The Scranton tribune. (Scranton, Pa.) 1891-1910, April 06, 1896, Image 1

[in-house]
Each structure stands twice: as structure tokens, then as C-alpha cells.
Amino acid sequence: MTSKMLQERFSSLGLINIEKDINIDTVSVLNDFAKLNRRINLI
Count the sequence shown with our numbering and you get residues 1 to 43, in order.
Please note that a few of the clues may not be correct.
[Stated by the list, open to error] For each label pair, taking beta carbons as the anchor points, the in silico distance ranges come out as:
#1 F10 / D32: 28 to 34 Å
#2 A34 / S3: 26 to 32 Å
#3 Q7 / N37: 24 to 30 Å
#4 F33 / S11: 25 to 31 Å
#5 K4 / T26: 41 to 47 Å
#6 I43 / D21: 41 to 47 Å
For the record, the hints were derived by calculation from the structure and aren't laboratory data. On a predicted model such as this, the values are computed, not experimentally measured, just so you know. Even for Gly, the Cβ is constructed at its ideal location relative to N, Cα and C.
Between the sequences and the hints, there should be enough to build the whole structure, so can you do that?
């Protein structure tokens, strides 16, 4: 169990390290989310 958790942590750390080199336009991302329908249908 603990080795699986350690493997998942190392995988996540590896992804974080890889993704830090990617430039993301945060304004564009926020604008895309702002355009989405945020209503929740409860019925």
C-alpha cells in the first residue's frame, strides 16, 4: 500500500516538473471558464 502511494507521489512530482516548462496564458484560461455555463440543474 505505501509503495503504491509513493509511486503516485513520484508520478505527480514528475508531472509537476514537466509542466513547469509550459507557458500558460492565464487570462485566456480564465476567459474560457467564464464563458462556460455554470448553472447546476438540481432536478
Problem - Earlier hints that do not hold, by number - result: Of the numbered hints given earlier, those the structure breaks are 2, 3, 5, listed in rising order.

THE ONLY REPUBLICAN -DAILY- IN LACKAWANNA COUNTY. 8 EIGHT rAGES3G COLUMNS. SCKANTON, PA., MONDAY MORNING, APRIL C, 189. TWO CENTS A COPY. . : . ' v. Our Display ' -ofhewwashgoow I now open for your Inspection. Tn extent and variety tt excels all of our previous efforts in thin line, and will compare favorably with any Mimilir display made this season in New York or I'hiludelphla. WE'VE GOT US. J .. Weaves ami Colorings to show you than any two stores In town, and, as usual, values thai are unapproachable. It Is no easy tas'k to describe Inter estingly nnd Intelligently half a hun dred different weaves anil makes In sephyry and cob-webby summer fab tics, and us each of the half hundred comes In about as many patterns. Shades or tints, the mere mention of a few prominent Hems is all that can be attempted fiere. however, and lookers are Just as wel ' come as buyers. , Tnlle-Chat Are hii exceedingly dainty weave. They come mostly In white grounds, with fancy stripes, Dresden or Persian effects. Also black grounds with stripes. May be described as the queen of wash fabrics. White or Grass Llnvn grounds with f.pots, figures and stripes In the .prettiest hues give a hint at styles. Grass Linen Batist AC Are shown In a variety of qualities and pntterns. The choicest novelties ' are exquisitely embroidered with neut - designs In silk, with dainty double cor J stripes cort a little less and may please you just as well. Swisses With grass' linen grounds' represent a resurrection of the polka-dot erase in the very pretties.! uf its many ways. All colors. - Are bound to be popular. White or -colored grounds ami an endless assort ment, of the sweetest patterns ever seen will make them so. Bring before you 'the most popular of Ixmdon and i'aris wash fabrics, and the patterns In Persian and Dresden effects, stripes and figures are Identi cal with those selling there now. Tell more at a glance of the progress that I, being made in American textile art thnn a year's lecturing could do. Cord stripe and Swlr.s effects, on fig ured or plain grounds In all shades. Ask to see them. In delicate tints, Persian effects and figures vlllwln your admiration. This Ir or. old weave with a wealth of new thoughts. EptoMerd Swisses With . dainty embroideries In stars, dots, etc.. In roft tones and tints are sweet In their simple beauty, and they're new. BESIDES THESE . Our line of White , . Mulls, India Linens, Nainsooks, Victoria ' Lawns, Piques, Or gandies, Dimities, Ducks, Fancy 5tripes, Checks and Plaids, r English Wong Cloths, Jones' Cambrics, etc., Is the largest and most ifomplete the city. in For Waists, Dresses, Wrappers, Etc., , We show some remarkable values In Swivel Silks The colors Include Oree-n, Light Blue, Pink, lavender. Cardinal and Hlack grounds, while the effects are checks, i stripes, dots and Persians. Challles ' Cream, Navy and Black grounds, with ' floral wd Persian effects. Ginghams IJnen and Lace effects, solid grounds; also checks, and stripes innumerable. Satines Mostly dark grounds and a range of . , patterns without limit.. Moire Crystals In Chameleon effects and a splendid assortment of light fancy tints and colors. Interesting Services Held it the Parlor City oa Caster Day. BISHOP VINCENTS ADDRESS Preaches an 'Eloqnsat Sortaoa at Cob- firiaation of Deaeoas-RM. J. C, llogan Talks I'pon Inhibition. Meeting of Societies. Special to. the Scran ton Tribune. . . Rlnghamton, ' April (.Saturday morning's session opened with devo tional exercises led, by Bishop Vincent, who spoke on the fourth chapter of Timothy and explained It verse by verse. At 9.30 the business' session opened with the reading of the mlnutea of Friday's session. Rev. Y. C.' Smith reKrted that the terms of office of Kev. J. C. Leacock and Rev. Austin Griffin as members of the board of stewards had expired. Mr. Smith therefore moved that the secretary be Instructed to cast a ballot for each of these gen tlenvn, which was carried and ac cordingly done. As the second ballot for delegates to the general conference had resulted In no election, a third bal lot Was 'ordered and taken and the tellers withdrew to count the vote. Rev. J. Peck offered a resolution to the effect that the cabinet restore the Wyalusing district with the bound aries It occupied In 1876. Mr. Peck spoke on the good results that would follow were such boundaries again ob tained, and ventured the assertion that had they existed and Rev. J, O. Wood ruff given charge) that gentleman might have been living, as the air is much more rare in that mountainous region. The following names were called and the men were elected to eld ers', orders: James Bennlnger, Herbert J. Ellsworth, Frank D. Hartsock, Eu gene L. Jeffrey, - Elmer E. Pearce, Charles H. Reynolds, Louis E. Van Horn. Dr. Hard offered a resolution to be presented to the general conference. The resolution was unanimously adopted.' It read: Whereas, All the benevolent collection! so important that the rates of giving to each Is carefully defined by the blBhops, the gt nerul committee, the presiding eld ers and the district committees, and Whereas, The growing sentiment In the church is ap.alnst the enforced require ment of pastors to report some benevolent collections on the floor of the conference because the discipline requires the bishop to demand It and since other collections are unreported In public; therefore Rraolved, That we memorialise the gen eral conference to strike out of the disci pline all that requires any paftoro report his collections on the floor of any annual conference, leaving the manner of mak ing any nnd all reports with the confer ences. . . This does not affect any disciplinary provision now existing (or securing statistical and benevolent .reports re quired for publication in , the, annual minutes. ....... THE BALLOT. The result ''of the third ballot wu announced by ' the bishop as follows: Whole number of votes cast, 196; neces sary to a cholcei 97, of which Rev. L. L. tipi-ague, received 100 and Rev. A. J. Van Cleft, !); Rev. C. R, Olmestead, 6; Rev. H. M. Crydenwlae, 37; Rev. W. L. Thorpe, 28. ' Rev. Sprague and Van Cleft were declared elected. A ballot for reserve was ordered, but before It wns taken Itov. C. Vi Arnold moved that the two highest be chosen as such alternate?. It was then moved that Mr. Arnold's motion be laid upon the table, which was carried by a vote of 62 to 7?. Rtv. S. O. Snowden wns elect ed conditionally as an elder. When this matter had been disposed of the bishop7 Introduced Rev. J. E. C. Sawyer, editor of the Northern Christian Advocate, who spoke about that paper. Rev. J. . Eckman called up the rec ognition of Tomas B. Barker, a local preacher, of Elm Park church, as a deacon. A resolution asking such elec tion adopted st the quarterly confer ence of that church on March 23 was road. It was voted to confer such hon ors upon Mr. Barker on Sunday morn ing. Or. nrpokeniWse, of New York Meth odist hospital, wns Introduced, but be fore that gentleman spoke the bishop announced the result of the ballot for reserve delegates. One hundred and sixty-nine votes were cast, eighty-five belnR necessary for a choice. Kev. E. R. Olmstead received 121, and Rev. H. M. Crydenwlse, 93, and were- declared elected. When Mr. Hreckenridge had finished speaking Rev. J. F. Berry, editor of the Kpwoith Herald, followed with an ad dress on the League and olTlclal publi cations. The following were elected to local deacons orders: Melvln L. An darlese, Alfred Eastman, O. H. P. Arm strong. Edward O. Caveraugh. The name of Chimney Van Gorden was pre sented for -local deacon's orders. There was some talk about his standing In his examinations and when the vote was taken he wns defeated, not more than ten voting affirmatively. The following were continued on trial: C. P. Tiffany, Eugene Carlaugh, J. W. Davis, Eugene Qulnhy, Sidney E. Hunt, David L. Mc Donald, Walter A. Wagner. Clinton B. Henry, Milvern L. Anderaiese, Jere miah S. Custard, David Evans, David B. Wilson, Arthur O. Williams. WOMEN'S MEETING. At 2.30 o'clock Saturday afternoon the Woman's Foreign Missionary re ceived the attention of the conference. Miss Fannie Sparks, president of the, society, presided over the exercises. Sealed on the platform with her were the following officers of the society: Corresponding Secretary Mrs. M. S. Hard, of Kingston; Recording Secre tary Mrs. M.. L. Meeker. Carbondale; Treasurer Miss Ethel B. Hills, of Bing ham ton; Superintendent of, Boards Mrs. T. M. Furey, of Wanamle; Mrs. Mary Sparkes Wheeler, president of the Phil adelphia society and Rev. Homer B. Stuntx, D. D., of India; and Mrs. Curtis E. Mogg, also, occupied places on the platform. Miss Hills .reported that the receipts by districts was a follows: Ringhamton, $455; Chenango, 1407; Honesdale, $433; Oneonta. $197; Owego, $476; Wyoming, $1,382; total, $3,050. The first address was given by Rev. Homer B. Stunts, D. D. He spoke of the work of missions in India, of the condition of the people and other things connected with missionary work In that country. He was followed by Rev. W. H. Pearce( D. D., of Scran ton, who spoke very .briefly on the Im portance of missions In foreign lands. Another of the historical lectures was given Saturday afternoon by Dr. Rob ert W. Rogers. This one was on Abraham and the Kings of the East. He spoke of the civilization prevailing In Abraham's days and of the early days of that patriarch. The life of Abraham was given In detail as was al so those pf the other kings. He fol lowed by hinting at the many lessons to be learned from the history of these lives and how they can be applied to the people of our day. ' The following officers have been elected by the Woman's Foreign Mis sionary society of ttfe conference: President, Mrs. C. E-Moft, of Wllkes- Continued on Page t. MK. PATT1SOYS BOOM. The Maa of Destiny Receives Endorse ment From the I'mcrrlfied. Resiling. Pa. April 6. The Demo cratic county standing committee met here yesterday and elected delegates to the state convention. Resolutions were adopted opposing the unit rule and en dorsing Robert E. Patttson for presi dent. Wtlllamsport. Pa..April 5. At a meet ing of the Lycoming Democratic com mittee here yesterday John J. Reardon was chosen delegate to the national convention. A resolution endorsing ex Oovemor Pattlson for president was adopted. No action was taken on the unit rule. Stroudsburg, Pa., April 5. The Mon roe county Democratic committee met here yesterday and adopted resolutions endorsing ex-Governor Pattlson for president. Judge Storm received the vote of the committee for delegate to the national convention. MB. CAKL1SLK DECLINES. Ttinks He Can Servs His Part? Best by Keeping Out of Sight During ' the Presidential Campaign. Washington, April 5. Secretary Car lisle this evening gave out the following letter to Chairman Long of the Demo cratic central committee of Kentucky, declining to enter the contest fox the Democratic, nomination for the presi dency: Washington, April 4. Charles R. Long, Chairman Committor, Louisville, Ky. My Dear Sir: Your favor of March 30, In which you say In substance that many of my friends In Kentucky and elsewhere desire me to become a candidate before the approaching national Democratic convention for nomination for the office of president and requesting me to give, some authoritative or detlnite expression on the subject, wss duly received and has been maturely considered. Many communications upon the same subject and of similar import have been received from friends In dieffrent parts of the country, and while very grateful for these numerous expressions of confi dence and esteem upon the part of my Democratic fellow cit liens, I have not been able to reach the conclusion that (tie existing conditions require me to comply with their requests by authoris ing them to announce me as a candidate for the presidential nomination. While I feel a profound Interest for the welfare of my party, I am much more concerned about Its declaration of principles than In Its selection of candidates, because then In my opinion its failure or success at the election, as well as Its capacity for use ful service to the country during the future, depend upon the position It takes or omits to 'take upon the public questions now engaging the attention of the people, and especially the questions affecting the monetary system of the country and character and amount of taxation to bo Imposed upon our cttlxens. Its position upon this and other subjects having been agreed upon and clearly and distinctly announced, the convention ought to have no difficulty In selecting an acceptable candidate who will fairly rep resent Its views, and In order that, its deliberations may be embarrassed as lit tle as possible by the contentions of rival aspirants and 4helr friends, 1 think- my duty to the party will be best performed by declining to participate in a contest for the nomination. The obligations assumed When I accept ed my present official position required me to devote my entire attention to the pubhY' Interests committed to my charge, and I -shall continue to ilischHrgu the duties Im posed upon me .to the best of my ability and in such manner as will In my Judg ment most certainly promote the true Interests of the country, and If In tho opinion of my fellow Democrats In Ken tucky my services entitle me to their commendation and approval, I would re gard their endorsement of my public course as an ample reward for the little I have been able to aceompllsh In behalf of honest administration and a sound inancial policy. With many thanks for your kind let ter, I am Very truly yours, J. G. Carlisle. STRIKE THREATENED. Tho Discharge, of Mine Grlpinan of tho .Metropolitan Street Railway Company May Causa a Tie-up on the Lines- New York, April 6. The danger of a strike on the street railway lines of this city, 'which are owned by the Metropolitan Street Railway company, because of the discharge of nine grip men and a conductor, wns by no means lessened today. The railway employes persist . in the assertion that the men were discharged because of their activ ity In the affairs of the local branch of the Amalgamated Association of Street Railway Employes of America, notwithstanding that the Metropolitan company's officials statement that the reason for dismissing the gripmen and conductor was that they had disobeyed the rule prohibiting them from enter ing a saloon during working hours. There was some very determined talk in and around Clarendon hall this af ternoon by employes of the railway com pany and it was declared that unless the discharged men werei reinstated there would certainly be a strike. At the meeting of the Central Labor union In Clarendon hall this afternoon a delegation, consisting of one employe rrom eacn oi tne reads of the Metro politan system, werep resent, and they asked the privilege of the floor. This was accorded them in executive Bes sion. The spokeman stated the griev ance and asked for sympathy and ad vice. The reporters were Informed af ter the meeting that speakers for the Central Labor union had counselled the railway men to move very slowly and had very decidedly thrown cold water upon the eagerness of many of them to strike If the Metropolitan company fail ed to fully comply with their demands. C . w. Archibald and Thomas McCul lum, of Philadelphia, who came to this city and organized the local branch of the National Amalgamated association. said today that there was nothing "new to be said until after consultation with William D. Mahon, president of the Na tional association, who, they expected would shortly arrive in this city from Detroit. It waa rumored this afternoon that officials of the Metropolitan company had signified their willingness to rein state four of the men discharged, but it was stated that it was not likely the members of the local union would be satisfied with this. HARR1SON.DIMMICK WEDDING Children of the F.x-Presldont Will Not Witness the Ceremony. New Tork, April 6. Ex-President Harrison spent the most quiet day of his present visit to the metropolis to day. It has been a.day of declinations, both by the general and his friends regarding the details of tomorrow's wedding. It Is known however, that the ceremony will take place between 6 and 6 o'clock In the afternoon unless another change is made In the plana tomorrow morning. Indianapolis, Ind., April 5. Russell Harrison and Mrs. McKee, son and daughter of General Harrison, did not leave for New Tork today to attend the wedding of the ex-President and Mrs. Dlmmlck tomorrow and they will not be present at the ceremony. From the time the Harrlson-Dlmmlck engage ment waa first reported It was an open secret here that the children of the ex president were bitterly hostile to a sec ond marrta" FOR , REFORM IN BANKING Recommendations in Report of the State Commissioner. PLAN TO TAX fOKEIGX SCHEMES Commissioner Suggests That Fees Should D Increased to stake tho Banking Department Solf-Sus-talning-Otbsr Suggestions Harrlsbprg. Pa., April 5. The first annual report of the state banking commissioner will be issued In a few days. If gives the condition of the various banking Institutions through out the" state and shows advantages that have accrued to these and the business world through the reorgani sation of the banking department a year ago. The report states that there Is at this time I374.241.784.SJ of trust funda in the hands of corporations. Only a small percentage of the building and loan associations have, been ex amined and the second volume of the report will deal with these. Over a thousand associations have thus far reported to the department. The Commissioner, GUkeson, thinks the foreign associations should be com pelled to pay larger fees for the privi lege of doing business In the state and he suggests that the next legislature should, take hold of the subject of build ing and loan associations vigorously. The commissioner also recommends that the fees should be Increased so as to. make the banking department self-sustaining. The associations con ducted under the "national system" are escaping, in the judgment of the commissioner, a large share of the bur dens of taxation. THE RECOMMENDATIONS. The following Is a summary of the cotnmissloner'a recommendations: First That applications for charter of trust companies and other financial Insti tutions should be submitted to the com missioner of banking for his approval. Second That no Institution should bo permitted to make loans' upon the secur ity of its own capita! stock, and that legislation should as soon as possible be had to correct this abuse. Third That the percentage of loans to directors of trust companies and other financial Institutions should, unless named In the acts Incorporating the same, -be fixed by law. Fourth That a fixed percentage of cash In proportion to deposits should be re quired by law o be kept In the vaults of banks, trust companies, etc., and called the reserve. FifthThat an act be passed making the directors of eacih of the financial Insti tutions of the state jointly anil severally liable In their Individual capacities for de claring any dividends which shall Impair the capital thereof. Sixth That the oath of directors In all the . financial Institutions' of the flute should be required to be filed In this de partment. Seventh That all corporations having power to receive end administer trusts should 1e required -to set apart perma nently a definite percentage of each divi dend declared as a reserve for the addi tional protection of tho trusts committed to their custody. Elghth-r-That. foreign corporations com ing under the supervision of the banking department and applying for authority to transact business within the state should be ' flrat sulnnltted to the commissioner of banklmr for his approval. Ninth That no Individual, firm or In corporated company tie permitted to use In the conduct of banking business any name, sign or device resembling in any re.'pect that of a bank or other tinanclul corporation. Tenth That a uniform rulo for all In stitutions be established fixing n reason able period beyond which no loan upon which Interest remains unpaid should be permitted to be carried as an available as set. Eleventh In addition tothe examination fees fixed by law for foreign corporation, there rhould be a general license fee Im posed for the privilege, of doing business within this state. Twelfth That' all building and loan as sociations Khoutd be required to register in this dioartment, giving the name of the as." Delation and the names nnd postofilce addresses of the officers thereof, and that when such ussoclntlon expires, an aftl davit should be tiled In this department stating tnat ract. VALUABLE HORSES BURNED. Animals Owned by Alongo McDonald Perish In Flames. Buffalo, N. T.. April B. Fire at the driving park last night destroyed the stables leaaeid by Alonzo McDonald, the - well-know trainer, and twenty valuable, horses were burned to death. The fire was caused by tho explosl6n of an oil stove In one of the cleaners' rooms. M There were tnlrty horses In McDon ald's Btiing, most of which arrived last Thursday. The stables were owned by C. J. Hamlin and were valued at $10, 000. The losses on' the horses is esti mated at about $75,000.' Th.e' most valuable horses burned were: - Ellen S, 2.11, from Gainesville, Texas; General Ewell, 2.15, Medina, N. Y.; Eddie Wilkes. 2.274. owned by McDonald; Jim Harris, 2.14Vi, owend In Pennsylvania; Red Gothard, 2.35, Mid dleport. N. Y.; Blue Bird, three years gelding, owned by man named Maloy; Fonso Bell, four year old gelding, Brad ford, Pa.; Miss Charmer, 2.29Vj, Brad ford. Pa.; Gray Bird, four years old, Bradford, Pa.; Isabel!. Bradford, Pa.; Wlnsure, 2.21, Bradford, Pa.; Zelos, Bradford, Pa., Pallus, 2.24V4, Port Hur on, Mich. The horses are said to have been worth at least $75,000. The six Brad ford horses, the care takers sny, could not nave been bought for $25,000; Ellen S was .valued at $10,000; Denzel, at $8,000; . Jim Harris, at $5,000; Eddie Wilkes, at $3,000; Red Gothard and Blue Bird, at $1,000 each, and the others at lesser amounts. The loss is a crush lng one to McDonald, as there waa not a dollar of Insurance on any of his property. So far as known the horses burned were all without Insurance. M'KINLEY LEADS QUAY. Choioe Expressed at ' the Lyooralng County Primaries. Wllliamsport, Pa April B. The Re publlcan.primarles in Lycoming county Inst night resulted In the election of Ellas Deemer for national delegate, over Hon. H. C. Parsons. Deemer's candidacy was made on a McKlnley platform and Parsons was for Quay. The people were given an opportunity to vote their preference on president and McKlnley has full three-fourths of the entire vote, with Quay second and Allison third, Howard Lvnn. James Coulter and Robert Brownleo were elected delegates to the state con vention. " Advanoe of 8 Per Cent. Morgantown, W. Va., April S. Tho min ers and mine workers of the Falrmnn region have received notice that 'the rate for mining would be advanced 2U. rents a ton, and mine workers accordingly. Tn!s Is equul to an advance of about 8 per oem. Steamship Arrivals. New York, April B. Arrived: Funrst Bismarck from Naples, etc., La Boul ogne from Havre, flailed: Etrurla from Queenstown. Sighted: La Normandie. fron r Yor for Uavre, passed the THE SEWS THIS S10SMNG. Weather Indications Today Fair and Warmer. The Wyoming Conference. Mysteries of Hypnotism. Ranking Reform, latest Political Information. Twenty Valuable Horses Burned. Wyoming Conference (Continued.) The Business World. Market and Stock Reports. (LooaU How Easter Was Observed. Will Kill the Mills Salary Dili. No More Electric Lights. Editorial. Without Precedent. (Local) Reorganisation of City Gov ernment. Two Excellent Reports. Saturday's Primaries, Rights of Aldermen. (3tory)-"Nor King Nor Country" (Concluded.) News of the Railroads. (Local) Sr" -irban Happenings. Teachers' Institute Today. News Up and Down the Valley. BLAZE AT HONESDALE. The Uennlgail lllock Consumed by Fire. Lewis Manger, a Fireman, Received Serious Injuries-Estimate of Losses. Speclul to the Scranton Tribune. Honesdale, Pa., April 5. This place was visited by another disastrous fire on Saturday night at 12 o'clock. The location was what was known as the Hennigan block on lower Main street, nearly opposite the Coyne house. The block was an enormous wooden struc ture which was occpled by Julius Moll, merchant tailor; Chrla Knchr, boots and shoes: James Soutman, restau rant; CharleB Loercher, funiture; Jo seph Kruntz, saloon; Patrick Cromftan, grocery; William Kaln, saloon, and Clark & Co., of Scranton, were tem porarily In possession of one store with Easter plants. The second stories of a portion of the block were occupied aa residences. Owing to the partial drawing off of the water In' the canal basin, some dif ficulty was experienced In getting water. Lewis Manger, a fireman, was knocked down Into the fire by a falling timber and his clothing catching Are he was seriously and perhaps fatally burned, The losses will probably reach $15,000 and are partly covered by Insurance, as follows: Hennigan estate, $1,000; Krnntz, $1,000; Loercher, $1,800; Moll, $1.00; Croghan, $500; Kaln, $500. The buildings on the opposite side of the street were badly scorched. 6 BUSH's'siIOCKING FATE. A Young Manlmpalod hy the Limb of a Falling Tree. Special to the Scranton Tribune, Montrose, April B. On Friday after noon Harrison Darrow, a farmer liv ing about two miles east of Montro,, felled a huge Maple tree. Imagine his surprise and horror when In trimming the smaller branches to find a man named Bush, son of Caleb Rush, who he employed, Impaled by a; broken limb. Darrow cut away the branches cS soon as possible and brought Bush to Montrose where Dr. Gardner, after a careful examination, pronounced life extinct. It Is supposed that death was Instantaneous. Bush had been engaged In other work alxut the farm and Dar row did not know of his presence when the tree fell. The fact that Bush was very deaf prevented him from hearing the creak ing of the tree us It was about to fall, otherwise he would have had an op portunity to escape. Darrow's grief over the unfortunate accident la be yond description. M'KINLEY'S CLAIMS, The lloomors Calculate That lie Can Rally 450 Delegates by Mat 1st. Washington, April 5. General Gros venor, of Ohio, tonight recapitulated by states tho number of delegates elected to the St. Louis convention whom he clninmed for Major McKln ley. The table Is as follows: Alabama, 4: Arkansas, 18; Florida, 8; Georgia, Illinois. 6; Indiana, 30; Kansas, 20; Louisiana, 8; Minnesota, 18; Mississip pi, 18; Missouri, 10; Nebraska, 2: New Jersey, 2; New York, 4; Ohio, 46; Penn sylvania. 2; South Cnrollna, 6; South Dakota, 8: Texas, 12: Virginia, 2; West Virginia, 2; Wisconsin, 24; Indian Ter ritory, 2; New Mexico, 4; Oklahoma, 4; total, 275. I continued," said General Gros- venor, "to count the unelected dele gates in Ohio and Indiana, which rec onciles the difference between the New York Tribune's figures and mine by the addition of twenty-four. My claims In Texas, Oklahoma and South Caro lina differ from those of others who are figuring. Mine will be right absolutely or win be little under the actual result. The present week will not be an In teresting one as far as state conven tions are concerned, the only ones to be held being those of South Carolina. tiregon ana Kiiocie island, but during the remainder of April there will be at least 170 delegates elected for McKln ley, and the 1st of May will see the number or McKlnley dclenrates eastlv 450. There will be elected thereafter 162 delegates, so McKlnley will receive quite a large per cent, of the reserve force. The pleasant feature of this whole business Is the fact that these delegates already elected in large Dart come irum states wno will furnish elec- tlral votes to the Republican ticket.' OHIO WOMENAROUSED. They Propose, if Possible, to Abate Another Theatre Nuisance. Cincinnati, April B. Several nromln ent women of this city have decided upon a plan of "getting even" for the passage of the Fosdiek antl-hlgh hat Din. une or tnem said: "We will avenge ourselves bv Intro. duclng a bill In the Ohio legislature by which the men will be subjected to ns big a snub as the women were. The bill will be drawn up In a few davs. with the same provisions and fines to be mulcted upon theater-goers and managers ns provided In the Fosdlck bill for each person found leaving his seat during an Intermission at the thea ter or found spitting tobacco Juice on the floor. I don't know that It will be passed, but nevertheless tt will be In troduced." liar Iron Trust. Cincinnati, O., April 6. A meeting of the bar iron manufacturers was held yes terday, but the session wan executive, and every member was sworn to secrecy. It leaked out later that plans were perfected for a very clo.o organisation of the plan of 'the suRar trust, starch trust and simi lar corporations. Herald's Weather Report. ; New York, April . Herald's weather forecast: In the middle states today fair, warmer weather will prevail, with fresh westerly winds, followed by cloudiness and possibly by rains and high winds on the coasts. On Tuesday partly cloudy to cloudy weather will prevail, with slight temperature changes, preceded by show- MYSTERIES OF HYPNOTISM Professor Baldwin on the Fakes of the Occult Science. SO.nxOMAXCY AXD MESMERISM The White Mabatmas Create Lively In terest in Rochester Why Bald la.' Doa Not Get Rich by Means of Mrs. Baldwin's Gift. Rochester, April 5. Professor Samrl S. Baldwin and his wife, self-styled the "White Mahatmas," have been enliven ing Rochester for a week and the great est curiosity has been aroused by their performances. To a Democrat and Chronicle reporter Baldwin said: "Mrs. 1'ul'Jwln Is really In the hypnotic state when she gives the answers to the ques tions and the descriptions that seem to you so marvelous." Professor Baldwin explained that he has no religious faith further than a be lief in an all-pervading force which he calls the life-spirit, and positively dis claims any belief In supernatural or spiritualistic manifestations. He claims simply to be a clever deceiver, with the right to resort to any trickery or chi canery to delude his spectators. He la however, a firm believer In hypnotism and the startling results that may be attained by It. On the other hand he was yesterday free to confess that even after years of careful study of mesmer ism, hypnotism, clairvoyance and kin died subjects, he understood only first principles, that he observed many phe nomena for which he was at a loss to account. ; Then continuing; with a laugh he said: "So you didn't know where 'you were at,' during the performance? There are a good many hundred thousand peo ple In different parts of the globe that have shared the feeling. Most of the re sults that I attain are brought about throughdeception and slelght-of-hand, but not all. I utterly disclaim any faith In spiritualism whatever, not that It Is may not be real, but because in the course of my forty years of experience which has brought me Into contact with many of the prominent so-called me diums of the last half century. I have never seen a manifestation that could not be duplicated by the skillful use of purely natural agencies. I have wit nessed the almost miraculous feats of the eastern Mahatmas, the Indian Yogll and Gooroos, the Gompas of Thi bet, the Kennlahs of Borneo, tne raktrs, the Zu u witch doctors, and I don't know what not. and can now with the proper apparatus, I think, perform them again; at any rate 1 Know now tney are done. MMR BLAVATSKY. Then there Is or was Madame Bla- atsky. Almost every day of my life I am asked for my opinion or her. nut wny i should say this to a stranger I don't know. for. really, from a financial point of view and we are all after the dollars and cents I find that It Is not wise to commit myself, for many believers in spiritualism and scoffers at hypnotism do not like it. I am simply an enter tainer and claim the right to use any moans to accomplish my ends without being discourteous, and explain what I think will further my pleasure-giving ends. But. to return to Madame Blavatsky, hesitate to express myself strongly lest I be misunderstood and it be fan cled that I am attacking her because she has passed Into another state long since, and can not refute my declara tions. I have no wish to vilify her. On the contrary she was a woman for whom I had the greatest admiration, Her genius and ability were so un doubted that no one could come In con tact with her without being Impressed by her power, but she was from birth an enigma to nerseir anu ner rnenos. to me personally Madame Blavatsky was a most complex character. I feel quite sure that within her own mind she deemed herself absolutely honest. I am quite sure also that she thoroughly be lieved In theosophicaj doctrine about which she wrote bo much, and to which she sought to convert the world. I am fully convinced that she possessed ab normal clairvoyant, mesmeric and mag netlo powers, and that she believed she possessed far greater powers than she really did. I believe that many of her clairvoyant and hypno-mognetlc mani festations wore genuine. But I am not ait all sure that her physical manifesta tions, such as the precipitation of let ters and the production of astral bodies, were genuine phenomena, she was self-deceived deceiver. It Is only fair to sny that I believe whatever she did do to deceive her friends was not done from sordid motives, nor did she deceive deliberately. My Idea Is that Madame Blavatsky was an enthusiast and In her own particular subject perhaps a mono maniac. Her work was done simply for the purpose of winning converts to the- osophy, B'hI she believed the Indirect means jiistinnhio, though in later years, when many of the tricks were shown up, she regretted having resorted to this method. THE HYPNOTIC STATE. "That Is all very Interesting. Pro fessor Baldwin, but aren t you wander ing from the point? What I would like to know, is how the hypnotic state is produced, and the results that you ob tain from the subject are secured. Again the performer laughed and went on: "No, I'll get there in a little while. The longest way round Is the shortest way home sometimes, you know. There are many side wires that have to be pulled to make what little know of the subject clear. Perhaps was In danger of being side-tracked for a time, though. I am so full of the sub lect that I could talk all night. "It Is only a few years ago, not more than twenty-five or thirty, at the most, when almost every one sneered at mes. merism and hypnotism as being merely terms expressing a peculiar kind, or class, of humbug. Now almost every person of any Intelligence admits the existence of hypnotism and mesmeric forces. It Is only a few years ago that nine hundred and ninety-nine medical and scientific men out of every thousand scoffed at these forces, as being purely hypothetical and fancied powers, which some misguided cranks imagined that they possessed. Now they all unreserv edly admit the reality of hypnotic and mesmeric powers and conditions. No one but an arrogant Ignoramus will pre tend at this day that hypnotism is fake. Hypnotism and mesmerism are not identical, though they have man points In common but If I go Into that. you will never get an answer to your question. FOUR DEGREES. "There are four stage or degrees of the mesmeric control. First the par tial degree. In which the subject Is Im perfectly under the power of the opera tor. In this staire most of the mental faculties retain all or a great portion of their activity. Of the physical senses, the vision Is unusually weak ened or Impaired. The eye Is no longer under the control of the subject. Some times the sense of hearing Is also af fected. In the second, or sleep stTste, the mesmeric control is complete as far Continued on Page t. 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One killed the other, and the victim, with a knife In hlH throat, laid hold of his slayer and dragged him down with him, hissing Into his ear with his dying breath: "If I die, I will hold you till the cop comes." He kept his word. The policeman who was called In by the shouts of the saloon loungers, found V'P living negro almost frightened out of his wits. In the grasp of his victim and drenched with his blood. So desperate was the grip that they had1 to be drnfcired apart by main strength. The murdered -man waa Peter Barrett and his slayer Thorn aa Cooper. 0, MOW BELMWUL!